5. Ted Leo and the Pharmacists at the Metro (Chicago):
The act immediately before Ted was a local group called the Immortals. They were doing this kind of weird, really dubbed out, Fugazi sort of thing. The audience wasn't exactly appreciative, and eventually a "Ted Leo" chant broke out, and the Immortals left the stage kind of downcast. When Ted and the Pharmacists rolled out to perform, Ted was visibly pissed, and said into the mic, "This is for all the shitheads who were chanting "Ted Leo" during the Immortals set!" The band immediately launched into a roaring rendition of 'Sons of Cain,' and the rest of the show maintained the spirit of violent, angry punk.
4. Titus Andronicus at Webster Hall (NYC):
I'd gone to see Man Man (see later), but was thoroughly blown away by the openers. It was a joyous, high-energy set, in spite of the audience's general apathy. The group fed off this indifference to its performance, with the singer saying, at one point, with a wide grin on his face, "I look forward to reading about how much we sucked in the Brooklyn Vegan tomorrow!" I'd never heard these guys before, but when they tore into their eponymous song with a searing harmonica solo, my heart was stolen.
3. Frightened Rabbit at the Do-Division Street Festival (Chicago):
On a tip from my brother, I showed up to the festival at 3 pm to check these guys out. When they came out onto stage under the midsummers day sun, they were all drinking PBR's, and clearly drunk. They also brought out about a dozen stuffed animals (which they'd won from crane games while touring) which they spent the rest of the show tossing into the audience. Their inebriation actually enhanced the emotional poignancy and sincerity of their tunes, especially on "The Twist," which Scott Hutchinson performed solo (after which he slurred "Whae naeds emotional attachment when yae got foockin' crane game taes?") The show ended with group members filing off stage as drummer Grant Hutchinson finished off a powerful solo, which concluded with him hurling his drum sticks into the audience. One of them hit the young woman next to me in the ches, but she immediately snatched up the stick when it fell to her feet. Some people get all the luck.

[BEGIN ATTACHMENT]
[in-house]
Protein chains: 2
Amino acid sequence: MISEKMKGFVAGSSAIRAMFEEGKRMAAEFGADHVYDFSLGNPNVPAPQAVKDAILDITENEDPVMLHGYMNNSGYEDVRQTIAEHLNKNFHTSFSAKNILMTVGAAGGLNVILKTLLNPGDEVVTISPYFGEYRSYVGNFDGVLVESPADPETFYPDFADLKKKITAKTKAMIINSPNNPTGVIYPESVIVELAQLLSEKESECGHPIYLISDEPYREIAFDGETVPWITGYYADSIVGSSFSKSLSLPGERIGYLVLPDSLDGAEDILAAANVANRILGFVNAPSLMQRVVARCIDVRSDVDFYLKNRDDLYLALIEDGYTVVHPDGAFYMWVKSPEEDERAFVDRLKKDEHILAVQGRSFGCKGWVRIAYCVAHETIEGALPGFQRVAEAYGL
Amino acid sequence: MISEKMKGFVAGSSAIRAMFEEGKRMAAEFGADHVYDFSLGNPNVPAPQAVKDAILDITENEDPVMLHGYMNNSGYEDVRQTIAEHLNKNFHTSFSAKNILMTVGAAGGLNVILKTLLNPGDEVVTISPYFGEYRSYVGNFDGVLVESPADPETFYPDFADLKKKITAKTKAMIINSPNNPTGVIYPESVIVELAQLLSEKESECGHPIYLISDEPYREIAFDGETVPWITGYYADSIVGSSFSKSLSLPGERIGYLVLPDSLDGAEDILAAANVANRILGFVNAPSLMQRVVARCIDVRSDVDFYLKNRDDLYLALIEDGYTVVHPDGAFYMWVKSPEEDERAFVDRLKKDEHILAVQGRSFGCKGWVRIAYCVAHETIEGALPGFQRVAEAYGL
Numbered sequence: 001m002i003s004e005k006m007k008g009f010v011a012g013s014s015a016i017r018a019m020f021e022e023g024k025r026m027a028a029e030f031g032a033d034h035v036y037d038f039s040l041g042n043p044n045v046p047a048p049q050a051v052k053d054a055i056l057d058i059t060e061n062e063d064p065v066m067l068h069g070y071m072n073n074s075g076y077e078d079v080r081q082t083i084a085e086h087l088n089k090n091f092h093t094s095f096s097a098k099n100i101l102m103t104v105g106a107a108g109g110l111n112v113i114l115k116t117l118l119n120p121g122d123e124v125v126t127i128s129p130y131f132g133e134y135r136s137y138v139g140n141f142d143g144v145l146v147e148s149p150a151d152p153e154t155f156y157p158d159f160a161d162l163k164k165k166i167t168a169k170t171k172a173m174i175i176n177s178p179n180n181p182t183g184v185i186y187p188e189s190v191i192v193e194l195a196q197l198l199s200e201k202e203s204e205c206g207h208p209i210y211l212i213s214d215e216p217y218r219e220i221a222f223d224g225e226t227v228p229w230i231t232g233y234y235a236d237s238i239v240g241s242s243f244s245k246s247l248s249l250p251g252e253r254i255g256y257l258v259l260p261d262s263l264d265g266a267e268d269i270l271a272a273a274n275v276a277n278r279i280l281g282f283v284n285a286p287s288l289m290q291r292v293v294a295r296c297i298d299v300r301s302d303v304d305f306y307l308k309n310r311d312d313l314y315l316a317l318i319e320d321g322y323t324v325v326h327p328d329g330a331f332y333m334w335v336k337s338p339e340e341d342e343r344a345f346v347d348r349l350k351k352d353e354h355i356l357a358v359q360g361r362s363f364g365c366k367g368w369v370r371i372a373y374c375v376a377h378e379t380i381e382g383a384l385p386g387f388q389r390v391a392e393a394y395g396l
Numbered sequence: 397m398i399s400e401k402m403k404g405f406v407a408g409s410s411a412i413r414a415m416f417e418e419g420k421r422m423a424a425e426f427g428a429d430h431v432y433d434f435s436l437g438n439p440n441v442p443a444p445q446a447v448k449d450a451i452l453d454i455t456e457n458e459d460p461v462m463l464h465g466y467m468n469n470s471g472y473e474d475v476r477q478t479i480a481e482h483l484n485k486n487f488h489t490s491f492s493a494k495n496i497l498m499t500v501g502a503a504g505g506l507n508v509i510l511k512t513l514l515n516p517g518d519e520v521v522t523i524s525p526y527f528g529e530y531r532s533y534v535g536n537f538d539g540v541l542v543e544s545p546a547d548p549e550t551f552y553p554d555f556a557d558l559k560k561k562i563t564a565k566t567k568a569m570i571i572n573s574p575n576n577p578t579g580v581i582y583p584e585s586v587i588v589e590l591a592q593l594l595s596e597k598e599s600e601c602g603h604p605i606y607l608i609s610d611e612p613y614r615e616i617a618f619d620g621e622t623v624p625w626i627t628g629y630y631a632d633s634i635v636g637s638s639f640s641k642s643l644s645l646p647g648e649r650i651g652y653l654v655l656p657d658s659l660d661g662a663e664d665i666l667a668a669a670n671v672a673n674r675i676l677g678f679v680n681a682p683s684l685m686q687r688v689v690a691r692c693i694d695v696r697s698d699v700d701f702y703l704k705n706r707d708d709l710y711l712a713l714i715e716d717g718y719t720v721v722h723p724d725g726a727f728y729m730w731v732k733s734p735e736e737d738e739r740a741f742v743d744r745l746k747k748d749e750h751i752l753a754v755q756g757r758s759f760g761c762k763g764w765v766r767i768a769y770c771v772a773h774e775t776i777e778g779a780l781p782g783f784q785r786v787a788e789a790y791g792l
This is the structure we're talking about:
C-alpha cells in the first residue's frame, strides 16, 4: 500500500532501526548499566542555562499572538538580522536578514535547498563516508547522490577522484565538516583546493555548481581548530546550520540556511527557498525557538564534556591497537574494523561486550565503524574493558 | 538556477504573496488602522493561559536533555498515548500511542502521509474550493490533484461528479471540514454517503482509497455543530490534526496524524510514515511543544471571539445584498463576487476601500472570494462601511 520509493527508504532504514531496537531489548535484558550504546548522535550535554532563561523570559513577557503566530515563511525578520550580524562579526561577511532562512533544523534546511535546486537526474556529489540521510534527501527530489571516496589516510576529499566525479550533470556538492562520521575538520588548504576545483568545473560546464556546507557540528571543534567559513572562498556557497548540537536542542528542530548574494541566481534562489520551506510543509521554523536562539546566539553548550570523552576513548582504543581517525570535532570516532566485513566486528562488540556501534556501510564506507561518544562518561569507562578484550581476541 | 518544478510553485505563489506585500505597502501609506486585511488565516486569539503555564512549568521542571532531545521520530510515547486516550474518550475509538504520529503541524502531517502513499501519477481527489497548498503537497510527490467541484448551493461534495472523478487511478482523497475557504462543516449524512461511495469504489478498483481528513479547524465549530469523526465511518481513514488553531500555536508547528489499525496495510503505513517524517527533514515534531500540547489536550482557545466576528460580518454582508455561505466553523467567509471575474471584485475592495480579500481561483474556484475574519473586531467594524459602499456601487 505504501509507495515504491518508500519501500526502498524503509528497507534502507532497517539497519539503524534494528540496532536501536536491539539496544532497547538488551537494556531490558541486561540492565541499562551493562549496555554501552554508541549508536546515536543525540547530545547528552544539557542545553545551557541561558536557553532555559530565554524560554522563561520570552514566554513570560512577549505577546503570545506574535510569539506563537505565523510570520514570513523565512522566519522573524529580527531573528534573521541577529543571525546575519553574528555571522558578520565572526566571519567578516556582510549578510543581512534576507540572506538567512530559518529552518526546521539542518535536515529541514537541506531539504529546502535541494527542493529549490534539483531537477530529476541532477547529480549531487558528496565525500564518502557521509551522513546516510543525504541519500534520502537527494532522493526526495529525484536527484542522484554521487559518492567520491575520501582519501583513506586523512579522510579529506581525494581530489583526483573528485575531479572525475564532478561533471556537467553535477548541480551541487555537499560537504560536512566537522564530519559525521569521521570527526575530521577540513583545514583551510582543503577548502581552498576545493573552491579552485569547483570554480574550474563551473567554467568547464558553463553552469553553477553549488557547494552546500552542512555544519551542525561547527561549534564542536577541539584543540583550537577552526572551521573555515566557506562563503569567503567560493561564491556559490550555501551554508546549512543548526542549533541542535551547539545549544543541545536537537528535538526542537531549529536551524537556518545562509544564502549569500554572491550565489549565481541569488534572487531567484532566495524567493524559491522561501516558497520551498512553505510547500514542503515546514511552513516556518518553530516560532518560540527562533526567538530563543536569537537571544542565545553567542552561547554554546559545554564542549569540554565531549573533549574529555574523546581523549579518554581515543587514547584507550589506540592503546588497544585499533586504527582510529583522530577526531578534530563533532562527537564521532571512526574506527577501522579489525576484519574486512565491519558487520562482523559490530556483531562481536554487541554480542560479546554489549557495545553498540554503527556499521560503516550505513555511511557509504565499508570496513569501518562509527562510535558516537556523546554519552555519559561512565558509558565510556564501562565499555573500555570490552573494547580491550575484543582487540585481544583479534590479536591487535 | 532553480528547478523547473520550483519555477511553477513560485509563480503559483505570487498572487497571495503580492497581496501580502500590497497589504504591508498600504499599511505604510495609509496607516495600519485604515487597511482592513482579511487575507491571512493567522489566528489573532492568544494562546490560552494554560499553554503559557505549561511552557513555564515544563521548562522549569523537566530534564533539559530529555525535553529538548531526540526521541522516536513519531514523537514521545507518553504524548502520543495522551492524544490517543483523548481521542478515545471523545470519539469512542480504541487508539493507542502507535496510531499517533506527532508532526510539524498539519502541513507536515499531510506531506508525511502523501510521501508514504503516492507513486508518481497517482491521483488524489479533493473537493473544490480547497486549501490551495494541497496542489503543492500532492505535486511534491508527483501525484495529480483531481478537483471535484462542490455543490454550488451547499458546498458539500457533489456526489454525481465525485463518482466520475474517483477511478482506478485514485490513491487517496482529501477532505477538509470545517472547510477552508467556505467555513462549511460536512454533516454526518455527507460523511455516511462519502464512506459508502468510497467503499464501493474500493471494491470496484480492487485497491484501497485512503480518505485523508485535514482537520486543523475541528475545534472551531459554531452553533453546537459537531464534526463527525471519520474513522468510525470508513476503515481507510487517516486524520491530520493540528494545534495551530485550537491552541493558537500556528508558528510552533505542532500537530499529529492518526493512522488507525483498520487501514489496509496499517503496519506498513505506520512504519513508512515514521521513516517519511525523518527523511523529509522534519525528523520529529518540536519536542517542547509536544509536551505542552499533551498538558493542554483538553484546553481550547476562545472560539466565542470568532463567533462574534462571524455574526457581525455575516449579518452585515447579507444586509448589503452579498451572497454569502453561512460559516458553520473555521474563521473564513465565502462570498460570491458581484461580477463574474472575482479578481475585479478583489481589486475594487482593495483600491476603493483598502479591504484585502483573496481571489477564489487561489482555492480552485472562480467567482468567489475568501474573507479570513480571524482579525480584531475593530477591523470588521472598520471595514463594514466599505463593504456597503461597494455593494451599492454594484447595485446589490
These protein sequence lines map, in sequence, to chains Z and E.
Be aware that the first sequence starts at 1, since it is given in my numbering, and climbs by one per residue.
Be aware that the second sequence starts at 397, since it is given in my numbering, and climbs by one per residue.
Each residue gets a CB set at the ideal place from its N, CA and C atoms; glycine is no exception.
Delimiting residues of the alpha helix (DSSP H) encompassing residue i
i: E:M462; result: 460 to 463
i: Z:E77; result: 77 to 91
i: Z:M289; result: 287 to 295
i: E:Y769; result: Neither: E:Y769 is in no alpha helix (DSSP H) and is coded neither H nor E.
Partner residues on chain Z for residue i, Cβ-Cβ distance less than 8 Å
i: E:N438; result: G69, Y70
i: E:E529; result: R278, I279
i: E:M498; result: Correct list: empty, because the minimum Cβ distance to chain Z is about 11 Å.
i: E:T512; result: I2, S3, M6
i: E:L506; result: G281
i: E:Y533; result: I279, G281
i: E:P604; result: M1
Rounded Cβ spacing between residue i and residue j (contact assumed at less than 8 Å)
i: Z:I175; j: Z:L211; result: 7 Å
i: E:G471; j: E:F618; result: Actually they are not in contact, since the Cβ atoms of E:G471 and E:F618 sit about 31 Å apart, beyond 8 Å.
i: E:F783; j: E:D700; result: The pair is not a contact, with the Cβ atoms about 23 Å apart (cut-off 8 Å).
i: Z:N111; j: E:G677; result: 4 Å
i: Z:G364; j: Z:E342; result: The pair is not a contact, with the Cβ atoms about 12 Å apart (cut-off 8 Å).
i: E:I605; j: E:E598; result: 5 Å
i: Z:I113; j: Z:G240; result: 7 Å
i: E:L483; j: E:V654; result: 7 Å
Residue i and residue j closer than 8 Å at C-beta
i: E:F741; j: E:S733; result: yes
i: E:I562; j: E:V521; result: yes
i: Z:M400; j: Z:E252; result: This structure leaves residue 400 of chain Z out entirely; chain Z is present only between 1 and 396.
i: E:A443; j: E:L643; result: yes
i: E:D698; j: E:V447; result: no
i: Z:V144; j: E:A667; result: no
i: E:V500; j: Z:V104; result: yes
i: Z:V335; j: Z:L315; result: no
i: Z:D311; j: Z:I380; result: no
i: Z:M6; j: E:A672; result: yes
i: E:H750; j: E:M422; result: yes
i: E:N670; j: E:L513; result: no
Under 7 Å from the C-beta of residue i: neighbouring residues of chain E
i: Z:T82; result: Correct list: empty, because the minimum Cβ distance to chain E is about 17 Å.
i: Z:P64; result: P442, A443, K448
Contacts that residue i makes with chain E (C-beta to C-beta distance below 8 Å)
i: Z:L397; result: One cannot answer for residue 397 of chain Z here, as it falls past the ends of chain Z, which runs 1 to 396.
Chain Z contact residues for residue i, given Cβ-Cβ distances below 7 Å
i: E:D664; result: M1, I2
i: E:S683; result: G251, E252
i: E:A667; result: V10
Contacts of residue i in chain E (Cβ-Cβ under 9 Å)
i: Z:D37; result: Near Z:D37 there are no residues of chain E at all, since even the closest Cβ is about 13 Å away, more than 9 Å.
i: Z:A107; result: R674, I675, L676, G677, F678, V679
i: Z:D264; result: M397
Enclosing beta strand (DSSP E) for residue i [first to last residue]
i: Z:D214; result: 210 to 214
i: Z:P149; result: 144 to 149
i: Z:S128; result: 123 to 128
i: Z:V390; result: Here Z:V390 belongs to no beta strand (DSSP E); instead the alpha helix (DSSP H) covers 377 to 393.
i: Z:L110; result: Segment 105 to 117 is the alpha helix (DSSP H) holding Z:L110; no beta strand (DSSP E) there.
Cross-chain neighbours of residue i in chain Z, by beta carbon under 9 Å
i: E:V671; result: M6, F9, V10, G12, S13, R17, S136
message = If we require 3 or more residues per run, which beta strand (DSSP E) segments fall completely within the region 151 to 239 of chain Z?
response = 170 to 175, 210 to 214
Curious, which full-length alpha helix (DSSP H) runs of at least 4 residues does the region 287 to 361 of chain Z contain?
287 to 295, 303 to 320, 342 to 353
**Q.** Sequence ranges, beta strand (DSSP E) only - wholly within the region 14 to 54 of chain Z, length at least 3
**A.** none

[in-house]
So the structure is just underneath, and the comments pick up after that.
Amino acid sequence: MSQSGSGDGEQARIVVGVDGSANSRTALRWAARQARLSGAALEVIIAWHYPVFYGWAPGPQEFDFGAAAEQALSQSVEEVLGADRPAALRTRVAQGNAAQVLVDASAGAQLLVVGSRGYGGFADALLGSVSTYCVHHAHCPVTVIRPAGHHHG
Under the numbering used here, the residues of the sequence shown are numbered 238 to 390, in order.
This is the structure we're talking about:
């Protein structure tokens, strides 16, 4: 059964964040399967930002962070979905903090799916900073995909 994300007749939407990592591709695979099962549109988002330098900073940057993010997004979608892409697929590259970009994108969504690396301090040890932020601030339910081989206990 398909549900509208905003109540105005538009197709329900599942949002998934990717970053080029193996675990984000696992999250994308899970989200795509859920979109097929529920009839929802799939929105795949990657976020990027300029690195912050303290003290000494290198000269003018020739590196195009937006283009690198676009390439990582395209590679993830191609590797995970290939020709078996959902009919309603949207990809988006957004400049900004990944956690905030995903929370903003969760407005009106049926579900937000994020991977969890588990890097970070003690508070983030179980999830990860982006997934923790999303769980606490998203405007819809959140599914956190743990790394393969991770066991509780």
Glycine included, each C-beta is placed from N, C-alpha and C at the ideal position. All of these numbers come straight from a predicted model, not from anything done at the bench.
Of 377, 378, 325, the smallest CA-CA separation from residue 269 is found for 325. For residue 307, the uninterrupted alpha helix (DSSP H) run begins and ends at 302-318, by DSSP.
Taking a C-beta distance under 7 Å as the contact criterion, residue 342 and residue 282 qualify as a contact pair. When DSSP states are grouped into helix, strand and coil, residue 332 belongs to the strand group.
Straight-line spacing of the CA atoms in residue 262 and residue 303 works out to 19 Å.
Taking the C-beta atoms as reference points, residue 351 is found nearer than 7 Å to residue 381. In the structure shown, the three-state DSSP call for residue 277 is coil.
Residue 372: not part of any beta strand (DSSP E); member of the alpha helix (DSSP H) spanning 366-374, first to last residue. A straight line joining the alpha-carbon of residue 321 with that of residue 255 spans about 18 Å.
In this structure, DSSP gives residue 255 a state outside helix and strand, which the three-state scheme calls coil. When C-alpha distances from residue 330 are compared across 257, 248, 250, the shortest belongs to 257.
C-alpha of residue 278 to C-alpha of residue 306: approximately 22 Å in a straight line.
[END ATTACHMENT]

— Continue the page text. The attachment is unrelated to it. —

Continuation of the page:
2. Man Man at the Logan Square Auditorium (Chicago)
So, I went to see the opening act Yeasayer, with little inkling of this "Man Man" band save their Philly origins. I was tired, and nearly left before their set, but decided to stick it out for 15 minutes. What I saw changed my life. War paint, multiple drummers, instrument swapping, costume changes, key jingling, pouring water into a mixing a bowl, a 30+ minute encore. This show had everything. After it was over, I was thoroughly convinced it was the best show I'd ever seen. I saw them again in September, and the whole show was nearly identical the second time around, which unfortunately diminished the magic of the first one in my mind. No denying though that, on paper at least, these guys are the best live act out there.
1. Fleet Foxes at Schubas (Chicago)
I know, the big band of '08, what an original pick. However, I have the feeling that my experience at this show was kind of unique. I had come to the show directly from a funeral, and had not had time to go home and change, so was dressed in somberly formal attire. The venue, Schubas Tavern, is quite small, and the Foxes weren't even headlining (this was before their album dropped). The setting, however, was perfect. The foxes, it turned out, had been on the road for a while, and lead singer Robin Pecknold was suffering from the flu. Nonetheless they put on a soulful, emotional performance, interrupted every so often by feverish musings from Pecknold (at one point he began trying to explain the NPR show 'Radiolab' by calling it "like This American Life, but better." He immediately recognized his faux pas by insulting the Chicago based show, and spent the rest of the night intermitently apologizing profusely). The most memorable part of the show was probably Pecknold's solo performance of of 'Innocent Son,' which was occasionally interrupted by him stopping to cough up his lung.
After the show I stuck around for about half of Blitzen Trapper's set, but left because I was feeling worn out. As I was walking along Belmont towards the 'L' stop, I noticed Robin Pecknold coming towards me from the other direction alone with a cup of Dunkin Donuts coffee in his hands. As we crossed paths I stopped and sort of mumbled at him, "Hey man, great show." He looked at me with an expression of genuine gratitude and replied "Hey, thanks a lot."
Jeffrey Lewis and the Jitters at The Empty Bottle
Phosphorescent at Schubas